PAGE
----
Jalan Malioboro at Yogyakarta

Shop at Jalan Malioboro and Pasar Beringharjo
Yogyakarta is almost a shopping haven too after the likes of Bandung, with a lot of cheap things to buy. At the streets of Malioboro and at the Beringharjo market you will find lots of stalls line up selling anything you can think of from clothes to bags to rattan products and silver jewelries, food and anything you thought you might find in Indonesia.


Try one of the best Indonesian food – Gudeg
Gudeg is the most famous dish in Yogyakarta, even making it a moniker City of Gudeg. This unique Indonesian dish is a stew made from young jackfruit (nangka) with palm sugar, coconut milk, meat, garlic and spices. The special taste came from the slow melding of flavours and textures to the right perfection. Get a taste of gudeg at the longest standing establishment – Gudeg Yu Djum.


Gudeg Yu Djum, Yogyakarta

Hike the ruins to Mount Merapi (Volcano)
Even if you are not a serious hiker or climber, you should try the short hike towards Mount Merapi and find yourself amidst the leftovers of houses and such after the recent volcano eruption in 2010. You will find yourself humbled by the immensity of nature’s wrath and how people respond to it bravely. If you reach the place of Mbah Maridjan, you will learn how a keeper of spirits stood by his duty even when the volcano erupted.


Ruin houses at Mount Merapi, Yogyakarta

Sneak into Water Castle (Taman Sari)
Use a back way from the other side of the castle and try to sneak your way in through rundown defense walls and scattered village houses. Once you got in, you will find yourself in mazes of underground water holes, secret chambers and gardens and pools. This castle is a huge complex that use to be a former royal garden of Sultanate of Yogyakarta used for various functions including bathing place. You heard me right, bathing place, which personally I find the most intriguing, with a calm blue pool surrounded starkingly by pink buildings.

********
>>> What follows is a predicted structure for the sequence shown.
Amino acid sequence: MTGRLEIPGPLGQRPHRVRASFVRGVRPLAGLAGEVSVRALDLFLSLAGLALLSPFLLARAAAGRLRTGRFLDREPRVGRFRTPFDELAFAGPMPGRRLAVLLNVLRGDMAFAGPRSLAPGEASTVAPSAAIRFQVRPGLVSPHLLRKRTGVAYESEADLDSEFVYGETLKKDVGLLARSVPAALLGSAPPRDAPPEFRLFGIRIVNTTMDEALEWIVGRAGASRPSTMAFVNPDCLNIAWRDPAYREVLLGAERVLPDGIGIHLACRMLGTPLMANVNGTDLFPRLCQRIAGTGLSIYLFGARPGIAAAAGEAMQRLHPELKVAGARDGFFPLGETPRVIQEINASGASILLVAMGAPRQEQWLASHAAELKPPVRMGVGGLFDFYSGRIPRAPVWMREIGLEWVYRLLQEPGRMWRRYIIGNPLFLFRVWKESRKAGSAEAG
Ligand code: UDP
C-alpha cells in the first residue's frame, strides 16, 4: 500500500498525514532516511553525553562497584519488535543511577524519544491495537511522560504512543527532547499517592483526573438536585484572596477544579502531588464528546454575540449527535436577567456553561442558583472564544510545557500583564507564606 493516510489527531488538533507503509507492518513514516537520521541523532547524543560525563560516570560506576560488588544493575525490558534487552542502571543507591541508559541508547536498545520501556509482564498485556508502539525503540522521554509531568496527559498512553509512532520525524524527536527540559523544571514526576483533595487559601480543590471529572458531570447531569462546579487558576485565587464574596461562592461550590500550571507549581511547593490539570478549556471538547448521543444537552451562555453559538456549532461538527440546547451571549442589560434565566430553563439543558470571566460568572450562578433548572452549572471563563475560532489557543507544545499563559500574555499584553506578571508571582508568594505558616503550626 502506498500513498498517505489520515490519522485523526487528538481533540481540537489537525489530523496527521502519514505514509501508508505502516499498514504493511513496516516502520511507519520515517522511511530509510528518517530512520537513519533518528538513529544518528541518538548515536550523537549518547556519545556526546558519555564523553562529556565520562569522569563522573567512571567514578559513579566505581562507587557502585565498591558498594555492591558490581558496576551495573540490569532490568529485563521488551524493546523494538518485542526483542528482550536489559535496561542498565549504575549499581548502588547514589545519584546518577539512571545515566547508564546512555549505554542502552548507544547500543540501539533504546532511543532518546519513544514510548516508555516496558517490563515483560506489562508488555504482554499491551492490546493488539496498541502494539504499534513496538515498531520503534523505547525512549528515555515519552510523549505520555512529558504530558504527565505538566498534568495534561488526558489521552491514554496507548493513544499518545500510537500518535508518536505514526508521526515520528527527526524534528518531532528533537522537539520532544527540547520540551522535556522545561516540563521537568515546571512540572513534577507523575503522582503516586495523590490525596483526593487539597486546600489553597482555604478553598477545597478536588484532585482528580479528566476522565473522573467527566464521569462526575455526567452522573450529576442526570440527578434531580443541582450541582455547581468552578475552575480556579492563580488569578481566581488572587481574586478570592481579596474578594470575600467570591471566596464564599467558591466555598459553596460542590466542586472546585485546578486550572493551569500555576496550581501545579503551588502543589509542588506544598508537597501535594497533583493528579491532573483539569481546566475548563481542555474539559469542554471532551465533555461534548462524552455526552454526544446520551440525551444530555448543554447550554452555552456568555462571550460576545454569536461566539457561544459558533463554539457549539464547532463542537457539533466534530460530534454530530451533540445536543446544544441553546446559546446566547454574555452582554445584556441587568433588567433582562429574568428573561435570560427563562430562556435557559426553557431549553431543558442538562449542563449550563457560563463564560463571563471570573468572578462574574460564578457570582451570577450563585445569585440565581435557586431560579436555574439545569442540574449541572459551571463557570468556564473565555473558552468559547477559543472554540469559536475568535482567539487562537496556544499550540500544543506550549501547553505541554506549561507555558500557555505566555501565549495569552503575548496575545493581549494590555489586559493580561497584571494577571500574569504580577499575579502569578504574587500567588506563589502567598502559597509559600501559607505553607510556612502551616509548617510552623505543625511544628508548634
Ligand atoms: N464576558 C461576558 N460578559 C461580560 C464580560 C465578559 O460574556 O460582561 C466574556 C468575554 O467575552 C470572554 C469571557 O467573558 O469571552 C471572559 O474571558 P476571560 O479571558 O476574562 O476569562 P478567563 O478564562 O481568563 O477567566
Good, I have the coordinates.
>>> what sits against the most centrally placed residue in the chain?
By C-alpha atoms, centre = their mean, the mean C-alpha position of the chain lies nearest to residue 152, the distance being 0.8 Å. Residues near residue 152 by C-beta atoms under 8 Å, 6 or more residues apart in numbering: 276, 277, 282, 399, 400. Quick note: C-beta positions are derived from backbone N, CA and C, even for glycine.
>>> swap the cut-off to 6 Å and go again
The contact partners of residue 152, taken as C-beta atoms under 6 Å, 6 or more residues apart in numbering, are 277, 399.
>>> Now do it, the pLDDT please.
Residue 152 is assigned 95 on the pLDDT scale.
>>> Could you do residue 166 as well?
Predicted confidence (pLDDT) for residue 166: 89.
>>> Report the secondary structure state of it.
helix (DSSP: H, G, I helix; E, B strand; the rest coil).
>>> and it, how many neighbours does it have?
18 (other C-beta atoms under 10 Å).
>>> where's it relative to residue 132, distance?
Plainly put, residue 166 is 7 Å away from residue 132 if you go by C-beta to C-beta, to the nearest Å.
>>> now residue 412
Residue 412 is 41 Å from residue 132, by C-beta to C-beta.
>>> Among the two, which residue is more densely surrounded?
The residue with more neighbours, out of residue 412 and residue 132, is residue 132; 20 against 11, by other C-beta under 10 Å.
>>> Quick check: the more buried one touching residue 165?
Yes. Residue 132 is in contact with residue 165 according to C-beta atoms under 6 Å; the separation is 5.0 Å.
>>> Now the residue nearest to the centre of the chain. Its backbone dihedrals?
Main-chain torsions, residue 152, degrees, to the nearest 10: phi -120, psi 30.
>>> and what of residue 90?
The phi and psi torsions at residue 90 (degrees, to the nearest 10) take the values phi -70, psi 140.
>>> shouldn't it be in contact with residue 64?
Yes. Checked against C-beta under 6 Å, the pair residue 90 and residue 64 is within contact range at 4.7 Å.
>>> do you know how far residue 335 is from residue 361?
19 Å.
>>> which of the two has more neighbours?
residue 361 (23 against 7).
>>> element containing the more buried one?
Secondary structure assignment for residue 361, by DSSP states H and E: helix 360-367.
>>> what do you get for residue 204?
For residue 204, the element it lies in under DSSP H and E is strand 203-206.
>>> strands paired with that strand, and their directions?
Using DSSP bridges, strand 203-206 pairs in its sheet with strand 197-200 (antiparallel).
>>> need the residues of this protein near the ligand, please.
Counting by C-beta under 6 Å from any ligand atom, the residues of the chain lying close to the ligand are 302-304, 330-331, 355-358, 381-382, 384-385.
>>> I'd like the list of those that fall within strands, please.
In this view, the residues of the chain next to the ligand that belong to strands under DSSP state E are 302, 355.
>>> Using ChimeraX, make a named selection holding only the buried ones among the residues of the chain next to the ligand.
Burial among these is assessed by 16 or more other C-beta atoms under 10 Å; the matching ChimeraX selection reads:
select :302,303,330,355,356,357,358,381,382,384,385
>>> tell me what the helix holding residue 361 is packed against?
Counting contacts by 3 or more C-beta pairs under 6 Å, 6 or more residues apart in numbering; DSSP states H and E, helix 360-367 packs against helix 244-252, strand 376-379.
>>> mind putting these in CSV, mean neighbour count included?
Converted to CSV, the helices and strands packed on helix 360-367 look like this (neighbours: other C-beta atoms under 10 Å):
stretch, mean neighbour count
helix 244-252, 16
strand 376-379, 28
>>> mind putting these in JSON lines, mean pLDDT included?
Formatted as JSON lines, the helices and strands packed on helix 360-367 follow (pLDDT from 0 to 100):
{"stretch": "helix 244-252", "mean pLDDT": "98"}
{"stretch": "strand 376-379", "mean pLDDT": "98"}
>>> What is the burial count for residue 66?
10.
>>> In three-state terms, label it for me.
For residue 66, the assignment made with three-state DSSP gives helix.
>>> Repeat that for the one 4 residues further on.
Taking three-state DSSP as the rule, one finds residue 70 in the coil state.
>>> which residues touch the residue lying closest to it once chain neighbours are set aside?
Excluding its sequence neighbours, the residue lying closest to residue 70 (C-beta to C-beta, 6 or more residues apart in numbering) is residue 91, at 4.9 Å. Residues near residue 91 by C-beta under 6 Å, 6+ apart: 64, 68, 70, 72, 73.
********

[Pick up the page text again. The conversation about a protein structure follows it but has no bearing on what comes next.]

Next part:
Bathing pool at Taman Sari, Yogyakarta

Enjoy the sights and stories at Kraton Yogyakarta
A well maintained palace from the days of Sultans of Yogyakarta, you will find unique architecture and heirlooms of the days of glory here. All travelers will be accompanied by a local guide who amazingly can speak all kinds of language, and though you may wary of a guide idea, you will definitely find it enjoyable as you listen to myths, rituals, stories and even humor as you go along the palace grounds. Indeed a must visit to understand the deep rich history and culture of Jogja.


Reading at Kraton Palace, Yogyakarta

Join the local myth and try your luck crossing between two trees
After Kraton, walk further south to the Southern Park (alun-alun) where you will find two huge banyan trees side by side in the middle of the square. Local myth has it that if you manage to walk between the trees while blindfolded, you will get what you wish for. There are many entrepreneurial Indonesians hanging around here to sell you this service by lending you a black cloth to blindfold, then they will proceed to ‘help you’ to walk from the end of the park to cross between the trees by shouting “left! right!” But even with their help or not, you will find it almost impossible to walk straight in between the trees and many had failed. Therefore the myth persists and continues to draw many people to come and try their luck!


Crossing between the Banyan Tree Myth at Yogyakarta


Venture out to the serene Borobudur
Technically not in Yogyakarta but many will definitely do this day trip (only 1 hour drive from Yogyakarta to Borobudur) or few days trip out of Jogja just for a visit to Borobudur (better choice if you have the time). Yes it is worth the trip and it is even better if you can stay the night nearby and catch the temple at the dawn of light (if you pay for the sunrise tour) or at least be the first to go in when it opens at 8am. This is how to best enjoy it, when it is at its most quiet, with just a trickle of travelers like you who appreciate the silence and marvels at the beauty with respect. This 9th century temple is an Indonesia UNESCO Heritage site and one of the largest Buddhist temple in the world, consisting of six square platforms with 2,672 relief panels and 504 Buddha status. Thousands of Buddhists does their pilgrimage here in Borobudur during Waisak day.


Courtesy of allindonesiatravel.com